Watson’s Weekly 22-01-2022

This is an amalgamation of the “best bits” of the daily weekday newsletter/blog woven together to form a concise and coherent view on the things that matter in the commercial and economic news of the week. 

THE DAY IN BRACKETS REFERS TO THE EDITION WHERE THE STORY APPEARED IN WATSON’S DAILY. Clicking on the day will take you to the appropriate edition of Watson’s Daily.


This week was dominated by news about Boris Johnson’s survival, China challenges and Microsoft’s biggest ever acquisition. However, before we get into that, let’s tuck into a bit of macro:

  • President Biden made an almost Trump-esque gaffe regarding the Russia/Ukraine situation (Friday) when he said that a “minor incursion” by Russian forces into Ukraine would not provoke a full response from the Allies. He had to retract this rather hastily given how offensive this was to Ukraine, but Putin is sitting pretty at the moment as he’s managed to split the newly-minted German coalition government (Tuesday) and NATO whilst giving away no concessions!
  • Meanwhile, China is having a tough time as its GDP growth rate slowed to 4% year-on-year (Monday), its slowest pace for 18 months. It has been exercising extreme caution ahead of next month’s Winter Olympics and shut roads and suspended plane, train and bus services, which has been terrible for the economy. China cut its policy interest rate this week (Tuesday) in order to jolt it back on track.
  • In ITALY, investors had a bit of a wobble as they worried about Mario Draghi becoming President in next week’s elections (Monday) because they thought he would leave a vacuum behind that would create a real void and potentially plunge the country back into the very turmoil he was brought in to tame! Maybe that wily old dog Silvio “bunga bunga” Berlusconi could save Italy from this and keep Draghi in the PM spot as he has, at the tender age of 85, thrown his hat into the ring as a Presidential candidate (but no-one really thinks he stands a chance)…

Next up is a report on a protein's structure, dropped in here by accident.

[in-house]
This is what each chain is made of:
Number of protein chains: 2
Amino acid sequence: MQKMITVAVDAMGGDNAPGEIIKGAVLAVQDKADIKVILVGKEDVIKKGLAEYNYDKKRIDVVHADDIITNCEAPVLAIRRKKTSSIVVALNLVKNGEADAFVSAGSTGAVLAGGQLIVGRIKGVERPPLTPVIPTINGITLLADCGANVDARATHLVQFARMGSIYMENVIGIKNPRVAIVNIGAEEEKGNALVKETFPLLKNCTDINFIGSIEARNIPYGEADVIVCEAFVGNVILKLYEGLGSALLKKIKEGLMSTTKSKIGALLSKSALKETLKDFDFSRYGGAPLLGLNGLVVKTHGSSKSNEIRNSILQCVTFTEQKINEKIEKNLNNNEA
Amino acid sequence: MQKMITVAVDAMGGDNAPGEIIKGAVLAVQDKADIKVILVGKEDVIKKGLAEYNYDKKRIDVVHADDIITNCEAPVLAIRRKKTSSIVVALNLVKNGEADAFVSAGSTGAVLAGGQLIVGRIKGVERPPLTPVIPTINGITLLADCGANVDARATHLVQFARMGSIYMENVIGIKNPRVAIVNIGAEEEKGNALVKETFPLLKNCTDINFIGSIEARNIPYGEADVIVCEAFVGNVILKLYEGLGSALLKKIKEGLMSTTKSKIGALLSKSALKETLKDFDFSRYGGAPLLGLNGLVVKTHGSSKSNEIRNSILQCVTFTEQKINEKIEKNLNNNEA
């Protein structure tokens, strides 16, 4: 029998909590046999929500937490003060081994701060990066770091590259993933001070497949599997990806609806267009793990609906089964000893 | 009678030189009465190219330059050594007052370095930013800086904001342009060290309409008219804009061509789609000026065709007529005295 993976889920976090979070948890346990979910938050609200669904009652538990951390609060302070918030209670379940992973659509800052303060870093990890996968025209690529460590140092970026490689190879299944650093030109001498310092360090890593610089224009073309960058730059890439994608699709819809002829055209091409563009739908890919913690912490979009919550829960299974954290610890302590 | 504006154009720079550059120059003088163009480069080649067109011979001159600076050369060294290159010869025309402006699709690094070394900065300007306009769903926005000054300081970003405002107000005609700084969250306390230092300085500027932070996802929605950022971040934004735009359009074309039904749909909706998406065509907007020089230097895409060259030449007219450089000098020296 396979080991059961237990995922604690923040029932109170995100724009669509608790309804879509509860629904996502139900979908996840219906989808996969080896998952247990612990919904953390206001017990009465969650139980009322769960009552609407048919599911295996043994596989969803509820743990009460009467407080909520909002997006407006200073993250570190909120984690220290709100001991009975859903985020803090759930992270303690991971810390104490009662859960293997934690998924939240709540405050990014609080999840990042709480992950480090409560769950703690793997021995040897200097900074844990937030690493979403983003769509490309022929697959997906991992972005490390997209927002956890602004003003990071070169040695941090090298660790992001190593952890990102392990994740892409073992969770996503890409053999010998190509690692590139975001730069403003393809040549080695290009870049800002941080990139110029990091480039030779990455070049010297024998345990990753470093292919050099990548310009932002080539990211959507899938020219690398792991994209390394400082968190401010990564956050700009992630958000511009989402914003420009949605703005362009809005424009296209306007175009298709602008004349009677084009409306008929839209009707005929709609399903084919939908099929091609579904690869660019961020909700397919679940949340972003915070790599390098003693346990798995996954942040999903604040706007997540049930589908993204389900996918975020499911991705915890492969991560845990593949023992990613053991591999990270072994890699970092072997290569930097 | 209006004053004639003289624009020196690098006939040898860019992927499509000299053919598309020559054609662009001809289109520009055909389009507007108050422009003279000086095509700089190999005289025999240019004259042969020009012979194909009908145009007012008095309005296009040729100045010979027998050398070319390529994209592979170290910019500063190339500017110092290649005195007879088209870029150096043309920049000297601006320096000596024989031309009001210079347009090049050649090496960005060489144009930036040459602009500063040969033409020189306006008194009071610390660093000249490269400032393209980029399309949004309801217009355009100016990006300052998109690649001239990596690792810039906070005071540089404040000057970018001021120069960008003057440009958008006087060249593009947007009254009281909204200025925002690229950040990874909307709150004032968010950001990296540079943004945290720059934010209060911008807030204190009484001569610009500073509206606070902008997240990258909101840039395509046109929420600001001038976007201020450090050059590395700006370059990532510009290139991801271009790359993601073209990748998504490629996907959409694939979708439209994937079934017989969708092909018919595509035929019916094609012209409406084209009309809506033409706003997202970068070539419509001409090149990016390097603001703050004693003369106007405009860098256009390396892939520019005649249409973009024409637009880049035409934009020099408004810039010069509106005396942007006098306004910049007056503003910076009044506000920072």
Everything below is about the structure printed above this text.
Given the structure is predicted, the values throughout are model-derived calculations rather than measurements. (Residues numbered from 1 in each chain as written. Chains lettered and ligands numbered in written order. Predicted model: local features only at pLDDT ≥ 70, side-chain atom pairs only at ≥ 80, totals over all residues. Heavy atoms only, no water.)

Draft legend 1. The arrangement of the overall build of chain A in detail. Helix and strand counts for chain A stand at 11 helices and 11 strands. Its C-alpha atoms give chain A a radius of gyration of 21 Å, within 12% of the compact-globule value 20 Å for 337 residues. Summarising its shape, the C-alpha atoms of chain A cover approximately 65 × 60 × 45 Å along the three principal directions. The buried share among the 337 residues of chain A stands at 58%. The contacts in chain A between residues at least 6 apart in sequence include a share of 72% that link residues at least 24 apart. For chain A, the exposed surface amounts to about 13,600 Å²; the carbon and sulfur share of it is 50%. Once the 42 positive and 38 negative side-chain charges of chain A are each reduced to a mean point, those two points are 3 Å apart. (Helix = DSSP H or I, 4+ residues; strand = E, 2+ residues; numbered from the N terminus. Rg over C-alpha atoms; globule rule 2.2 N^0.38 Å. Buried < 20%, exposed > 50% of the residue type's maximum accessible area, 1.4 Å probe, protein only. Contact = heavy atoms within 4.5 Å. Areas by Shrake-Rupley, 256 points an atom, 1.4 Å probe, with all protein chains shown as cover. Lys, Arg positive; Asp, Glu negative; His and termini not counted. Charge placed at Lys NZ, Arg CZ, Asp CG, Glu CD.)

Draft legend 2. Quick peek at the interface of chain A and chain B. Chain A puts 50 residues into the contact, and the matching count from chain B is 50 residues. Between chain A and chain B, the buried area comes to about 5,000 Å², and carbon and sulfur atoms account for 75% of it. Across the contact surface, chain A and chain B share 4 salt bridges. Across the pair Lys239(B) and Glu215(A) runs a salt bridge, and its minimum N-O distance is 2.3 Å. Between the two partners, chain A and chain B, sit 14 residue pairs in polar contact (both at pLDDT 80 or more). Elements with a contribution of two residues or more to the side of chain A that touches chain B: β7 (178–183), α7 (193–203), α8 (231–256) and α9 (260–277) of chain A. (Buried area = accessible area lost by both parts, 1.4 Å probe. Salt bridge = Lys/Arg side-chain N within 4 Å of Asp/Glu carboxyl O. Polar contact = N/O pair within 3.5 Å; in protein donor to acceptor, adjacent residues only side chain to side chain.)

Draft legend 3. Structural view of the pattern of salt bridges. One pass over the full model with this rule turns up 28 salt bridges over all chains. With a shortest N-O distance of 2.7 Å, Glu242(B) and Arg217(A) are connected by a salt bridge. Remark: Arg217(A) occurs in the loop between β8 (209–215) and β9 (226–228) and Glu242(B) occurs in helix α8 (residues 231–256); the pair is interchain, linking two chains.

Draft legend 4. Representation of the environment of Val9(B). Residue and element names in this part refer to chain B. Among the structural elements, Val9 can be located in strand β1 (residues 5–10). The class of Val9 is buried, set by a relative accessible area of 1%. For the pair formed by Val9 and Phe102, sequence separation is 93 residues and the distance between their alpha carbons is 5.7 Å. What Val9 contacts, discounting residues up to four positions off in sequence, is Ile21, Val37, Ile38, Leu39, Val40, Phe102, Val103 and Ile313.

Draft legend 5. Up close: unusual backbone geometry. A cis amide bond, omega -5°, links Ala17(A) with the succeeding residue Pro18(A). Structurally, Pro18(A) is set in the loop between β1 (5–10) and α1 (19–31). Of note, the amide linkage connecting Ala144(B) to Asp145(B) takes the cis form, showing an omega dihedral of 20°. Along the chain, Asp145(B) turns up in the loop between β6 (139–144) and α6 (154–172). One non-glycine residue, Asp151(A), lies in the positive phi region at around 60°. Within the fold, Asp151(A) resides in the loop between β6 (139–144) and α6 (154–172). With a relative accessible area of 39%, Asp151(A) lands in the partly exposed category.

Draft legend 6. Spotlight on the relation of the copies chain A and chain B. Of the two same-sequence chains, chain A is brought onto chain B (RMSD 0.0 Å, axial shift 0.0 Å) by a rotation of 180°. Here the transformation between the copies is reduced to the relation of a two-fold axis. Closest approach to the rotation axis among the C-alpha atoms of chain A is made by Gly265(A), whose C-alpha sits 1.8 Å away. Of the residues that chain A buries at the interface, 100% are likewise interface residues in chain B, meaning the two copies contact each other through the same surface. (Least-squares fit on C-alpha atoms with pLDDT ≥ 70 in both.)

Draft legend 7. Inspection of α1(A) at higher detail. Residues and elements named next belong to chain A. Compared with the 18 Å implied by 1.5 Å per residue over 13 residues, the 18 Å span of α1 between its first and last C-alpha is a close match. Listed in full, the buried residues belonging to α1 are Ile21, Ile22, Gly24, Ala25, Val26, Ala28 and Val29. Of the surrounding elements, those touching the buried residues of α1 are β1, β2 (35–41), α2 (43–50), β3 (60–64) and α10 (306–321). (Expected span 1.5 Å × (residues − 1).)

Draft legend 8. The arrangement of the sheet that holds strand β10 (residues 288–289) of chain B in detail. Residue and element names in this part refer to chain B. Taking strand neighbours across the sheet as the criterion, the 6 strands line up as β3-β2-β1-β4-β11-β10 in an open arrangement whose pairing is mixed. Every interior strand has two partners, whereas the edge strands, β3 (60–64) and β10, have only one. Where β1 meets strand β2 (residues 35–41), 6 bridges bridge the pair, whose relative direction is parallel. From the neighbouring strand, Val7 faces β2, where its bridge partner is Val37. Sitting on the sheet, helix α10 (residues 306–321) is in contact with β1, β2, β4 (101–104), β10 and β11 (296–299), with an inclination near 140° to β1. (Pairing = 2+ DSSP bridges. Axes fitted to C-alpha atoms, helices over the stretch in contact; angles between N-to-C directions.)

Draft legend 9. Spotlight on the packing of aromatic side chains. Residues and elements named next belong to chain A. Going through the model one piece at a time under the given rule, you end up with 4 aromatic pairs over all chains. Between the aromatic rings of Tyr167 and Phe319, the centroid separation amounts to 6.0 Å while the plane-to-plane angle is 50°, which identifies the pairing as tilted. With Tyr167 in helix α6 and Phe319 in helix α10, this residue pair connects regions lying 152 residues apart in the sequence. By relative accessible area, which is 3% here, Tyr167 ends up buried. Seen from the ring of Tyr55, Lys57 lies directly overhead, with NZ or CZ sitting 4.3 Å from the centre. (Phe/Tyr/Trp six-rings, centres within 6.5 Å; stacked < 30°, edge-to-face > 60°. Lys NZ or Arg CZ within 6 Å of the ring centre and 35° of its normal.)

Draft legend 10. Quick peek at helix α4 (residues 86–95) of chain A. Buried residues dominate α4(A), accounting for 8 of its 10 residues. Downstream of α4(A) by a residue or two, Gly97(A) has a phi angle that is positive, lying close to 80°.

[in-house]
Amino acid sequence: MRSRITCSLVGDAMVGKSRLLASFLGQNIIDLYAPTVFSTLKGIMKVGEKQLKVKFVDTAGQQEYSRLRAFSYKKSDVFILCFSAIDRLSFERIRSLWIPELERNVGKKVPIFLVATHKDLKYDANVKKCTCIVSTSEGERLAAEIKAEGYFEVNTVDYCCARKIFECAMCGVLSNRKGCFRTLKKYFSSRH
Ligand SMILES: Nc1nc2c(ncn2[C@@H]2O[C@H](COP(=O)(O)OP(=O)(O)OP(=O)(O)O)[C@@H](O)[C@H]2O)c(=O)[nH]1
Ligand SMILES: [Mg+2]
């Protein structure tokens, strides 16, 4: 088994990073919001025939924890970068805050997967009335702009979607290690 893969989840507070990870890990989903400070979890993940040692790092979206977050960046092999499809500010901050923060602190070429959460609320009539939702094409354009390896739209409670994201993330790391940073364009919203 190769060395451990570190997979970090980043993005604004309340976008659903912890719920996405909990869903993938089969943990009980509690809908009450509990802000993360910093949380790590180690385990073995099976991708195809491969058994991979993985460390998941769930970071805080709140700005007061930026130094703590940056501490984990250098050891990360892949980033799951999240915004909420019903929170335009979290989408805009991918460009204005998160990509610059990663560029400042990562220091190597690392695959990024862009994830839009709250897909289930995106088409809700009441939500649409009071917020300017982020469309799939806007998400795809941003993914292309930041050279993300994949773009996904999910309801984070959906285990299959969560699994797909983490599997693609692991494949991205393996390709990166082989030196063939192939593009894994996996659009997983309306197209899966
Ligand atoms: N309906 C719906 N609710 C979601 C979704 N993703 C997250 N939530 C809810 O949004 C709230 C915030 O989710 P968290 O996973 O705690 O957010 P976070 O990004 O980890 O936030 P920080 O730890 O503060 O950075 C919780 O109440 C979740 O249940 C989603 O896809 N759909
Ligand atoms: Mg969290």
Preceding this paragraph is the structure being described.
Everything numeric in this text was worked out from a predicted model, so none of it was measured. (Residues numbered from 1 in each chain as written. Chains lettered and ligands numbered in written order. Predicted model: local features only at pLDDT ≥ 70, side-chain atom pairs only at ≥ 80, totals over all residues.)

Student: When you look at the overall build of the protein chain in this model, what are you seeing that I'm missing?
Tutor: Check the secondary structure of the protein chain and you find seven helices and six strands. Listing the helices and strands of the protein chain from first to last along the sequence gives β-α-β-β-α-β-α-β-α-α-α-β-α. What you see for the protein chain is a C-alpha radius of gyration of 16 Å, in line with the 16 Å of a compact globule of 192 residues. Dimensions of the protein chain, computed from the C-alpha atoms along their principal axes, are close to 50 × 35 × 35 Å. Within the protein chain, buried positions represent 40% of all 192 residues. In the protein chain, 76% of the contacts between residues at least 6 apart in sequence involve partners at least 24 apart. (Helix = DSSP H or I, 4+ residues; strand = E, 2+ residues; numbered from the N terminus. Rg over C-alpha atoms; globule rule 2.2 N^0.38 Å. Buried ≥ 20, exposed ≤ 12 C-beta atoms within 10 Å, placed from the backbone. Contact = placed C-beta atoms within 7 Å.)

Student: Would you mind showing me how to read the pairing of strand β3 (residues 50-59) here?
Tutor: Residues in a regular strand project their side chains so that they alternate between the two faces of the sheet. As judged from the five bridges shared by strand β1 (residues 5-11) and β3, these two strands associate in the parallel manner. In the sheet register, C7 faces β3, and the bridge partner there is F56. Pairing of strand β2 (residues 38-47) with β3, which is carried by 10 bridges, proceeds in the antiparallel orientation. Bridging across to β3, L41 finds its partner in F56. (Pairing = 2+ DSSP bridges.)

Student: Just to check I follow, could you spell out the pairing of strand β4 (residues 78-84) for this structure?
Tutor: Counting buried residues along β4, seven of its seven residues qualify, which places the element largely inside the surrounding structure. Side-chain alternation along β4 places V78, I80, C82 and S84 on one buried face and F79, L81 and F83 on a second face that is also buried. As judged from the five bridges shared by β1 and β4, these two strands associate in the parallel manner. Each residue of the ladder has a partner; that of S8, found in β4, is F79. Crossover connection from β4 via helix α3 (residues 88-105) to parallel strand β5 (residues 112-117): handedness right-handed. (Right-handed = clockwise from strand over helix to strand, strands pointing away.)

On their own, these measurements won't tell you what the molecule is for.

• In the UK, inflation hit a near-30 year high of 5.4% (Thursday). Raw materials price rises have been causing small and medium-sized builders to go out of business (Monday) because they just can’t make any money and road freight rates shot up by almost a third last year (Monday), which all add up to higher prices that are then being passed on to customers. On the plus side, recent moves by the Baltic Dry Index (which measures the prices of shipping bulk materials around the world and is widely regarded as a proxy of world trade) suggest that supply chain problems have gone past their worst point. BoJo managed to hang on to being PM thanks to Operation Save Big Dog (Monday) and the subsequent announcement that Plan B restrictions would be lifted (Wednesday), which was welcomed by businesses (Thursday). It sounds like the signatures are building up to the 54 needed to prompt a vote of no-confidence in the PM. I think he’s a dead man walking, but maybe everyone is waiting to see the contents of a report into the whole shebang that is due out next week.